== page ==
End Note

This week I will be oh so busy with moving into my apartment and keeping up with classes that I doubt I will be read or write much, yet alone blog. I am truly annoyed at the timing as this week is the Mystery-A-Thon which I was so excited about. I do think I will be able to finish at least one book for it this week, which I had hoped to actually finish before this week: And Then There Were None by Agatha Christie.

Thank you for taking the time to read this post if you made it this far! Every one of my blog readers mean the world to me. I’m really excited to share more about my writing soon (as I did have some more developments this past week). I’m also excited to experiment with new ways of book blogging, as I’ve always wanted to do on this blog. Overall, I’m really excited about everything right now and I’m sorry I’ll be a little absent this week. To keep up with me while I’m too busy to blog, make sure to follow me on social media (links down below). See you soon! ^_^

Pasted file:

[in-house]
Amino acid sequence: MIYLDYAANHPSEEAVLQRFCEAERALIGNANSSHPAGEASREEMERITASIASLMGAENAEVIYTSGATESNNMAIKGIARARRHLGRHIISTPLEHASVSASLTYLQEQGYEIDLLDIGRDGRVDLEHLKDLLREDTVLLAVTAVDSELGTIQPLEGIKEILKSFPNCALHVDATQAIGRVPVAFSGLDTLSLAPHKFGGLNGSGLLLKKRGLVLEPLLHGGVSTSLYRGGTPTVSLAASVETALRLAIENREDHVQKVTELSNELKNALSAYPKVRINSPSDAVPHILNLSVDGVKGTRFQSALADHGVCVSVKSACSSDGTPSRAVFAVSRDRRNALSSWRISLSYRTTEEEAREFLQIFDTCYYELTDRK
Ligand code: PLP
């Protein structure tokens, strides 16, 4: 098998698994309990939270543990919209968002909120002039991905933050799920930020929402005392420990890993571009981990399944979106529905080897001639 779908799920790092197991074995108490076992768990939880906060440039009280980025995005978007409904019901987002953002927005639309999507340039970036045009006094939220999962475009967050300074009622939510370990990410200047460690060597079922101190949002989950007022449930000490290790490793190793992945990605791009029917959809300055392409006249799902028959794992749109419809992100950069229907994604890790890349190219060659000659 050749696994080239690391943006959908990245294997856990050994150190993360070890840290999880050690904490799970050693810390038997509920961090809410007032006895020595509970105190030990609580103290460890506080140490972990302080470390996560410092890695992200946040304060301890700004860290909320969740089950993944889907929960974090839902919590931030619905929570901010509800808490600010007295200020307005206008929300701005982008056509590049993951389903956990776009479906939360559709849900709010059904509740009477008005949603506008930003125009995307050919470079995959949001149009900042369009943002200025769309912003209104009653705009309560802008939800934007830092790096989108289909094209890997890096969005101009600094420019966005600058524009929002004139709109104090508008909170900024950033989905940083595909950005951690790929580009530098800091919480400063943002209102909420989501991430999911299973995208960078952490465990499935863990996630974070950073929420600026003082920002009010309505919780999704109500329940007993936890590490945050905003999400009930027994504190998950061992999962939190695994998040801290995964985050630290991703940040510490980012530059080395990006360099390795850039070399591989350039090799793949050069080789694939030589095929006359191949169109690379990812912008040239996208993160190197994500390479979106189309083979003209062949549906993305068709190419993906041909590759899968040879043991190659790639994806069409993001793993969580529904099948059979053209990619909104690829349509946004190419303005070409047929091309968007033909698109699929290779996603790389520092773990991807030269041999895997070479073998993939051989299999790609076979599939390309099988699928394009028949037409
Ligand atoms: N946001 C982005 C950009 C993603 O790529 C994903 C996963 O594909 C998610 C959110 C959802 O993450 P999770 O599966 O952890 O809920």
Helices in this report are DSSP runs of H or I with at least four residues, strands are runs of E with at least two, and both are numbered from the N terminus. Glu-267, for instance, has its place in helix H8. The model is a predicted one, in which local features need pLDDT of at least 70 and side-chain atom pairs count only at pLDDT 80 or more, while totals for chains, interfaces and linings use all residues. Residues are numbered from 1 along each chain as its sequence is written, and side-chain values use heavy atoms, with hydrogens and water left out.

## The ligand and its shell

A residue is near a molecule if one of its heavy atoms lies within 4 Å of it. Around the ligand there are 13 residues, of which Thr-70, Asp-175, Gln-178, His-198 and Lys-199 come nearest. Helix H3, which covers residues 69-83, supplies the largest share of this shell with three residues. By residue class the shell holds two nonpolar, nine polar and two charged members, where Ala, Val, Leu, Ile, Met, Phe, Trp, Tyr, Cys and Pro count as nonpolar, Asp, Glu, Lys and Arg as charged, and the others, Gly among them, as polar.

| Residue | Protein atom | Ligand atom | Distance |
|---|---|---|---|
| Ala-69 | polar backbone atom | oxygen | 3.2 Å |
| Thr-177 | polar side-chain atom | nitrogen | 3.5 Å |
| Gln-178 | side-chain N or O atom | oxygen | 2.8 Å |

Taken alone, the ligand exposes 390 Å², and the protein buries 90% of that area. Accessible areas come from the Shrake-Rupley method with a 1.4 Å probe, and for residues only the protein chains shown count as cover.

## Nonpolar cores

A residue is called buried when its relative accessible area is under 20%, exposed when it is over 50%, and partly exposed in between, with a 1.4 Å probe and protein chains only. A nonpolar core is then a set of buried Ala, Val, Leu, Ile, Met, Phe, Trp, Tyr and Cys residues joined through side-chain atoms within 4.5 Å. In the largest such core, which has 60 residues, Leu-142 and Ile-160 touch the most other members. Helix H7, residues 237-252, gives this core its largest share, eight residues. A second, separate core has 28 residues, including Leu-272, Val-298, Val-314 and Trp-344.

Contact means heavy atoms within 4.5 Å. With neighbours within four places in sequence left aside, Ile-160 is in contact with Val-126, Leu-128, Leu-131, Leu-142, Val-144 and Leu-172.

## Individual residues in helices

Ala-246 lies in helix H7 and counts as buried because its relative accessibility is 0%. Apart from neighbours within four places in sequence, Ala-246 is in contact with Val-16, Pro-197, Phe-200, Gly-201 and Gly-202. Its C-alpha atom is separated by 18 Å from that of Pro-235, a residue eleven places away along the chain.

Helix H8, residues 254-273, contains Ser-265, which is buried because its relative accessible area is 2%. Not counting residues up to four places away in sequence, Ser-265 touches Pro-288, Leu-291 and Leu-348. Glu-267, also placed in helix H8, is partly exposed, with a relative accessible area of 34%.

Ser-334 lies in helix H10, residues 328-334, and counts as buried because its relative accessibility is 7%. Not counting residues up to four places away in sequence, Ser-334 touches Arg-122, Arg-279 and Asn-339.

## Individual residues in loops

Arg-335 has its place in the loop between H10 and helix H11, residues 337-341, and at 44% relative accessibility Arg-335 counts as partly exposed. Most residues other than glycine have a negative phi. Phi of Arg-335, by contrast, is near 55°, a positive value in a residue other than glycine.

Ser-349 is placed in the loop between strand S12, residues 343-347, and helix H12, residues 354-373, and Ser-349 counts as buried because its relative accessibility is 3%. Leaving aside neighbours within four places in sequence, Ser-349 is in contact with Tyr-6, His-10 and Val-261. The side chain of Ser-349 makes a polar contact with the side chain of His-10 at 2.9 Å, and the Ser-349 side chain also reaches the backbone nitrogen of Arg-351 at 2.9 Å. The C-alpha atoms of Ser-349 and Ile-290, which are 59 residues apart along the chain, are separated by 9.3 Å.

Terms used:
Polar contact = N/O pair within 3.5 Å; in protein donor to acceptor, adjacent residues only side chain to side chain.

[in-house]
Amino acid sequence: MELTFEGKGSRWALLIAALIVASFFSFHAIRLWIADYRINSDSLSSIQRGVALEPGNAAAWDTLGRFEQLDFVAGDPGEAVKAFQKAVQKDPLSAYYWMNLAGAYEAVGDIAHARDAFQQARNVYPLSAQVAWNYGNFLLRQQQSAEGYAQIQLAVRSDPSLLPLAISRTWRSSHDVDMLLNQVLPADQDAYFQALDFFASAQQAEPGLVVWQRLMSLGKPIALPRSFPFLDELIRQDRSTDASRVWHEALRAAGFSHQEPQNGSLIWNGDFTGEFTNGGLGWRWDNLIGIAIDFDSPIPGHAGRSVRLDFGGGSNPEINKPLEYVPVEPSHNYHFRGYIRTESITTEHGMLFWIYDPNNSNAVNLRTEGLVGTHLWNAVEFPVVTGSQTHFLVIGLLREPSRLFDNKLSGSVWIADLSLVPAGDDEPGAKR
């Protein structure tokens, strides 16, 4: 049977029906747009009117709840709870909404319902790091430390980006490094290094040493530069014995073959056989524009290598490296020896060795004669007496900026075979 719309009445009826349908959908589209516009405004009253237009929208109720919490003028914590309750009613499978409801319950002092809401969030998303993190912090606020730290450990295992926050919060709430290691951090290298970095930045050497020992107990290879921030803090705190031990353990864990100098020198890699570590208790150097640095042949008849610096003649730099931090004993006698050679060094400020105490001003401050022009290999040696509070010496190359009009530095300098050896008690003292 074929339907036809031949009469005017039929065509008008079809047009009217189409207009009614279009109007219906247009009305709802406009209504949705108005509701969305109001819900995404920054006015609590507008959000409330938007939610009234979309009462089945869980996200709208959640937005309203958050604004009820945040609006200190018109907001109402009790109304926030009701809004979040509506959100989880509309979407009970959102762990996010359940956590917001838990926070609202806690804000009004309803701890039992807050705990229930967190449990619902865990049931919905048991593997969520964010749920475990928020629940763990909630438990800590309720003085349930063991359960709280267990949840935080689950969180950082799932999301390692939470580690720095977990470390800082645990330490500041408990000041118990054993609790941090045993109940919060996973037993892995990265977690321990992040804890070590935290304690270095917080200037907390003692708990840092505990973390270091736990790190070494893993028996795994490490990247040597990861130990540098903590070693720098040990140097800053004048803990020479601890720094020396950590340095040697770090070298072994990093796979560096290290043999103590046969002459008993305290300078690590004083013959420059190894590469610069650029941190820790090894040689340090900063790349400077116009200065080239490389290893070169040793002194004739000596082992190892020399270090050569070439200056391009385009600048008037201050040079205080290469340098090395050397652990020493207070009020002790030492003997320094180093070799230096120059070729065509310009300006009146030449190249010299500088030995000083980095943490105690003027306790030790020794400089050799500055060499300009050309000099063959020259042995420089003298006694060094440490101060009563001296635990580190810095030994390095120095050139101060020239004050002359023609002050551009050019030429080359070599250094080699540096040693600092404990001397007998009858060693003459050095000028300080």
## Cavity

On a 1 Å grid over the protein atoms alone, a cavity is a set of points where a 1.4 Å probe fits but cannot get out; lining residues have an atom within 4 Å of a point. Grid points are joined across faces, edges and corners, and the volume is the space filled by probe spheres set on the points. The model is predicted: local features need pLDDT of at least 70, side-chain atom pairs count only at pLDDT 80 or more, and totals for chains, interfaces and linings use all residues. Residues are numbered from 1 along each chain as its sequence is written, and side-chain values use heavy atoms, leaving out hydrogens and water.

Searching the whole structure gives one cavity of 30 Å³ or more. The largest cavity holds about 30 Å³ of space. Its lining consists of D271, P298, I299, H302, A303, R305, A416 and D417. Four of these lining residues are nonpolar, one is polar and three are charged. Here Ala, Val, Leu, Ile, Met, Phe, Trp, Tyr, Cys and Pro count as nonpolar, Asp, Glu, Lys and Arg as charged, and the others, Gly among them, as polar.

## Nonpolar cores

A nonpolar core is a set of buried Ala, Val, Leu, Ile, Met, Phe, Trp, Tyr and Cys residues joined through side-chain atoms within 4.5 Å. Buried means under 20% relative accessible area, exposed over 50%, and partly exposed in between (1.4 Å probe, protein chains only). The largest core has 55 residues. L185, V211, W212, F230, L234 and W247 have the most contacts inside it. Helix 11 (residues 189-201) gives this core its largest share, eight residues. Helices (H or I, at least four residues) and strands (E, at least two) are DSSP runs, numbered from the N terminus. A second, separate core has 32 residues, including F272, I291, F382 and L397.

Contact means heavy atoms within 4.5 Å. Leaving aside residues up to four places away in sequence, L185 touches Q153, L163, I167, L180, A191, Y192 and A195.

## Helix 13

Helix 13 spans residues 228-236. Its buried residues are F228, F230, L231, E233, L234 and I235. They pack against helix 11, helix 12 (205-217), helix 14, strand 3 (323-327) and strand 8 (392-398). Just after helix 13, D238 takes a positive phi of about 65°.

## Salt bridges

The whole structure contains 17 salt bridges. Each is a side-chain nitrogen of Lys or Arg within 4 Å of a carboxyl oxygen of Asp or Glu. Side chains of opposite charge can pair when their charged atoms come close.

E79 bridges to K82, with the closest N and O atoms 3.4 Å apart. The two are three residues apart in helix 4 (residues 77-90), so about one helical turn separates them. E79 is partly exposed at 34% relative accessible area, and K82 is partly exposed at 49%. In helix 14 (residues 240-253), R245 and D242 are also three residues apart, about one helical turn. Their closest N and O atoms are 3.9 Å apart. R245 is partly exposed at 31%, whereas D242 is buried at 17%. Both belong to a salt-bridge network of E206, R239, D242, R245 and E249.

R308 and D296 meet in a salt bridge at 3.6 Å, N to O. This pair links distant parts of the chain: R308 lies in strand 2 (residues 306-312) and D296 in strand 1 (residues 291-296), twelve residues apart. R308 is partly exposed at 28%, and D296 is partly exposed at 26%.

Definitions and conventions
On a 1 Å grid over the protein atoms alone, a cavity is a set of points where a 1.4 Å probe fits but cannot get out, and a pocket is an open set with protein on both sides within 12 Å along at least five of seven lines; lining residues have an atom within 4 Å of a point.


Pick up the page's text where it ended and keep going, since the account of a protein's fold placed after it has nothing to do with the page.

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Before I Start Writing | #AmWriting

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As I explained in my last post (News After a Long Drought | #AmWriting), I have finally established the main gist of my novel’s storyline. But that doesn’t mean I’m ready to start writing just yet. I’ve long been a pantser when it comes to writing, doing next to no planning and just hoping that I end up with something coherent by the end. And while that freedom can be fun, I’m at a point in my life where I really want to write something good. So I’m loathe to start writing until I know much more details about the world and my characters, so that there’s not inconsistencies as I’m writing from forgetting important, defining details.